Campaigning

Last week, I travelled to UCL to meet Imran Khan, head of CaSE. Imran is an alumnus of the Imperial College Science Communication MSc course and was previously a researcher for former Liberal Democrat MP Dr Evan Harris. As Director of CaSE, Imran deals with a whole range of issues surrounding science policy. Today, Imran talks about the history of his organisation, as well as some of the tactics they use to help get their message across…

AP:       So Imran, what exactly is CaSE?

CaSE is the Campaign for Science and Engineering. We were founded back in 1986 as an organisation called ‘Save British Science’, which was essentially founded by a group of academics concerned about the levels of science funding in the UK from Government. It’s evolved since then into what you see before you: two small offices here in Bloomsbury and we’ve got four staff — two part-time and two full-time.

AP:       And, what exactly is it that CaSE does?

We do a mixture of lobbying, advocacy and campaigning. Which of those three words we actually use depends on a number of things, including who we’re talking to and how pissed off we are at the time. Essentially, our work involves trying to get policy makers, decision makers and politicians to take decisions which improve the health of science and engineering in the UK.

AP:       Okay, so what sort of methods do you use in your attempts to do this?

Well, we’ve got two broad methods for getting our message across:

The first one is talking to politicians directly. This involves going into parliament and talking to MPs — particularly people on select committees and influential parliamentarians. For example: we have meetings with Andrew Miller, who’s the current chair of the House of Commons Science and Technology Select Committee, and we’ve also got a meeting with Adrian Bailey coming up, who’s Chair of the Business Innovations and Skills Select Committee. It’s really all about making sure that those MPs are empowered within the House of Commons to try and hold the Government to account on science and engineering issues.

However, we also go and talk to the ministers directly. We speak to people like David Willetts, the science minister, Nick Gibb, the schools minister, and also their teams of civil servants — so a lot of our time is actually spent in Whitehall rather than Westminster. We really try and get to the bottom of the issues these people are facing and try to understand where they’re coming from. In doing so — rather than trying to oppose what they’re doing — we often find ourselves actually on their side. For example, during the spending review last year, we were ultimately trying to influence what the Treasury was doing; trying to make sure that George Osborne and Danny Alexander made the right decisions for the health of science and engineering. In turn, this meant that we had to help David Willetts was with his arguments to the Treasury. Of course, he’s a Government minister as well, so it’s an interesting dynamic from our pespective.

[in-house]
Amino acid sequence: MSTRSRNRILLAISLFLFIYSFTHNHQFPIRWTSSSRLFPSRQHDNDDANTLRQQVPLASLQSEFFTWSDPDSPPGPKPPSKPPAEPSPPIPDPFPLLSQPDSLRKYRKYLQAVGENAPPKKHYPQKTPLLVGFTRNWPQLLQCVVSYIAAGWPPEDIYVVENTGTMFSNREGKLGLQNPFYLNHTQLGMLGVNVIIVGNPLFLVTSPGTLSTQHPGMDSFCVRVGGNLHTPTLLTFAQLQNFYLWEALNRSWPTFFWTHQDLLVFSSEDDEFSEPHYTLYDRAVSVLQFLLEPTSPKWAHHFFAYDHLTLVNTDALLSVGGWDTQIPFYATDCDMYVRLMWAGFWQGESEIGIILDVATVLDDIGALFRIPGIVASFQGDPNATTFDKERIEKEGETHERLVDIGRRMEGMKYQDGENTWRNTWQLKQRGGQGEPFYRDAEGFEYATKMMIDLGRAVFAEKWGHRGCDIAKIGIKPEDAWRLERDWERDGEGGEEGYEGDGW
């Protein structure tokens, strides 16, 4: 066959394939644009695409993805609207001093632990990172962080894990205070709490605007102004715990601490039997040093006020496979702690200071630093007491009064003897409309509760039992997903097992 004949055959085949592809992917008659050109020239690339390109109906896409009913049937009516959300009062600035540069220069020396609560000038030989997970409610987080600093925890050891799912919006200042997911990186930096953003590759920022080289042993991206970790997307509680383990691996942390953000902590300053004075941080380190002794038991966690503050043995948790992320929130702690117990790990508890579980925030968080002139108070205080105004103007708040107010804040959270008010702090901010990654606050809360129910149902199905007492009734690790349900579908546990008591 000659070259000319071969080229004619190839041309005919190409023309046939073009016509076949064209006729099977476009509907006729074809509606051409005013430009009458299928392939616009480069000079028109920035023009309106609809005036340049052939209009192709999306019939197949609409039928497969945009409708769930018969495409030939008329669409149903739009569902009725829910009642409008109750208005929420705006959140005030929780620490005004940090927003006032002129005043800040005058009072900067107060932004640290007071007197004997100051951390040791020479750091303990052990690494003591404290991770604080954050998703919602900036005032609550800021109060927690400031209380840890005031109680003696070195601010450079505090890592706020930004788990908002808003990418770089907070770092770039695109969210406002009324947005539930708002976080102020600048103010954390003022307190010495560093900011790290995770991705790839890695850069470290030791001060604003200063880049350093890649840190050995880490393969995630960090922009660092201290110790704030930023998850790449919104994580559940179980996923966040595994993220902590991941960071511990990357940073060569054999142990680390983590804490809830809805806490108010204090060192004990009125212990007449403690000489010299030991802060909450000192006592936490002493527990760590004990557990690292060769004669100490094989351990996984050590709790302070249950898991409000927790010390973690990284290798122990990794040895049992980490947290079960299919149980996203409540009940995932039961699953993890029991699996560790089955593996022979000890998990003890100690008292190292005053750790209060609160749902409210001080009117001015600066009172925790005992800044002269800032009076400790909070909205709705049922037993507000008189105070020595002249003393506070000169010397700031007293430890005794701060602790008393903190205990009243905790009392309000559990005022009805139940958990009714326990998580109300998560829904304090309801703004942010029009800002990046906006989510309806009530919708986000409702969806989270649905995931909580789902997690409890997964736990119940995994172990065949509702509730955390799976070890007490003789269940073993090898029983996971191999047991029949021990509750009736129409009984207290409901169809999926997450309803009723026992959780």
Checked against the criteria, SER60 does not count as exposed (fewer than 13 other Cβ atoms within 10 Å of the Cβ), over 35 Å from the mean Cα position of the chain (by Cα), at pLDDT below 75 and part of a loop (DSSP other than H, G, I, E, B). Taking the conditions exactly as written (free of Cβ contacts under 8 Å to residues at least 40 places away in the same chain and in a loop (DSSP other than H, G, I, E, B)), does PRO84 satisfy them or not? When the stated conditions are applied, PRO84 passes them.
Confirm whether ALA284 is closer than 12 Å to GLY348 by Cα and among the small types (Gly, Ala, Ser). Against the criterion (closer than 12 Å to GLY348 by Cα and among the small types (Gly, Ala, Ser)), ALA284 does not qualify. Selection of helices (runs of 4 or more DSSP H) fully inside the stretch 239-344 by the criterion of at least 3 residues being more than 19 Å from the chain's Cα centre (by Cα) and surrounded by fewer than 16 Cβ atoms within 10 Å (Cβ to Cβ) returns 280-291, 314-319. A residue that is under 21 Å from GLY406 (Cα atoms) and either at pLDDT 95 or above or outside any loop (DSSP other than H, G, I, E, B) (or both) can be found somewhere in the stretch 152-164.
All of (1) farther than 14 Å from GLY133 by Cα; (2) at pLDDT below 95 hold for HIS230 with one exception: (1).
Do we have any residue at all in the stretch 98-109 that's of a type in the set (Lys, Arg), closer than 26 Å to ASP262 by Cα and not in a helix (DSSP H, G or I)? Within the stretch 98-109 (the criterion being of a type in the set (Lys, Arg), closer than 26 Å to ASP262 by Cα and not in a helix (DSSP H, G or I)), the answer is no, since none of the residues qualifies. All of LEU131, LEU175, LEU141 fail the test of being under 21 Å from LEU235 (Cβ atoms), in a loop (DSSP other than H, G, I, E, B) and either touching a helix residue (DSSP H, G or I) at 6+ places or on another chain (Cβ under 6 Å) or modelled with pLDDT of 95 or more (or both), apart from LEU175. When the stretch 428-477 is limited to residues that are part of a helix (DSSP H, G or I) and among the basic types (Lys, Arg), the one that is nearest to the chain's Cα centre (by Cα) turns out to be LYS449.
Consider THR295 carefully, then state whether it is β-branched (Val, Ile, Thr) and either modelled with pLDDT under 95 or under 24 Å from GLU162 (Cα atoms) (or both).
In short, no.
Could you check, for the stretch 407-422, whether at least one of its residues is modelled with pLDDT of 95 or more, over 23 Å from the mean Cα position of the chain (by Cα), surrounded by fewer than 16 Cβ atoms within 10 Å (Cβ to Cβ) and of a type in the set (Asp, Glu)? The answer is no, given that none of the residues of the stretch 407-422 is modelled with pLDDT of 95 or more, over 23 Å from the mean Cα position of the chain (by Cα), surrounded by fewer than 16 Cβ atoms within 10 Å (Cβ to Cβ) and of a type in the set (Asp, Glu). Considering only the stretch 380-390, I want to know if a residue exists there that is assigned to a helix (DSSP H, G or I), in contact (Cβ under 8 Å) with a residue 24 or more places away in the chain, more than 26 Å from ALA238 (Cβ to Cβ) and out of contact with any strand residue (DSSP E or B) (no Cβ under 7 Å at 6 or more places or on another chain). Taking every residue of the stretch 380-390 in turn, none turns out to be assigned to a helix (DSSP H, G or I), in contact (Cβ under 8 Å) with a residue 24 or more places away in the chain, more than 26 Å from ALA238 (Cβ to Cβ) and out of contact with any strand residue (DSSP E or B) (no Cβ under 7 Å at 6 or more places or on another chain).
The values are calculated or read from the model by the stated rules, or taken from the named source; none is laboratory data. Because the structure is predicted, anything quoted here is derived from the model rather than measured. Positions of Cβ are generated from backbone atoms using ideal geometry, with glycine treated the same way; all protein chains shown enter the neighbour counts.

The second broad area for us is working to influence the media. The media is really, really critical to what we do. In fact, Save British Science was founded following the placement of an advert in The Times newspaper — so we’ve got a really close relationship with journalists going right the way back to our founding.

Today, if we’re trying to influence Government decisions, we try to get stories placed in the newspapers. Last year, when we were attempting to change the Government’s policy on immigration, we placed dozens of articles in the press. The Government had plans to limit the number of immigrants coming into the UK and we felt that this had the potential to have really devastating consequences for science and engineering. One of the big things was write a letter to The Times, which we got eight Nobel laureates to sign, including: Sir Paul Nurse, Sir Harry Kroto, Andre Geim and Konstantin Novoselov. That letter was sent just about a few days after Geim and Novoselov had won their Nobel Prizes and it made it onto the front page of a national paper. It really helped to change the mood music and, while that was happening, we were busy meeting up with various people from The Home Office. You could tell that, as soon as the letter was published, the people at The Home Office really changed tack and were suddenly far more willing to engage with our arguments.

TOMORROW: THE POLITICAL RECEPTION

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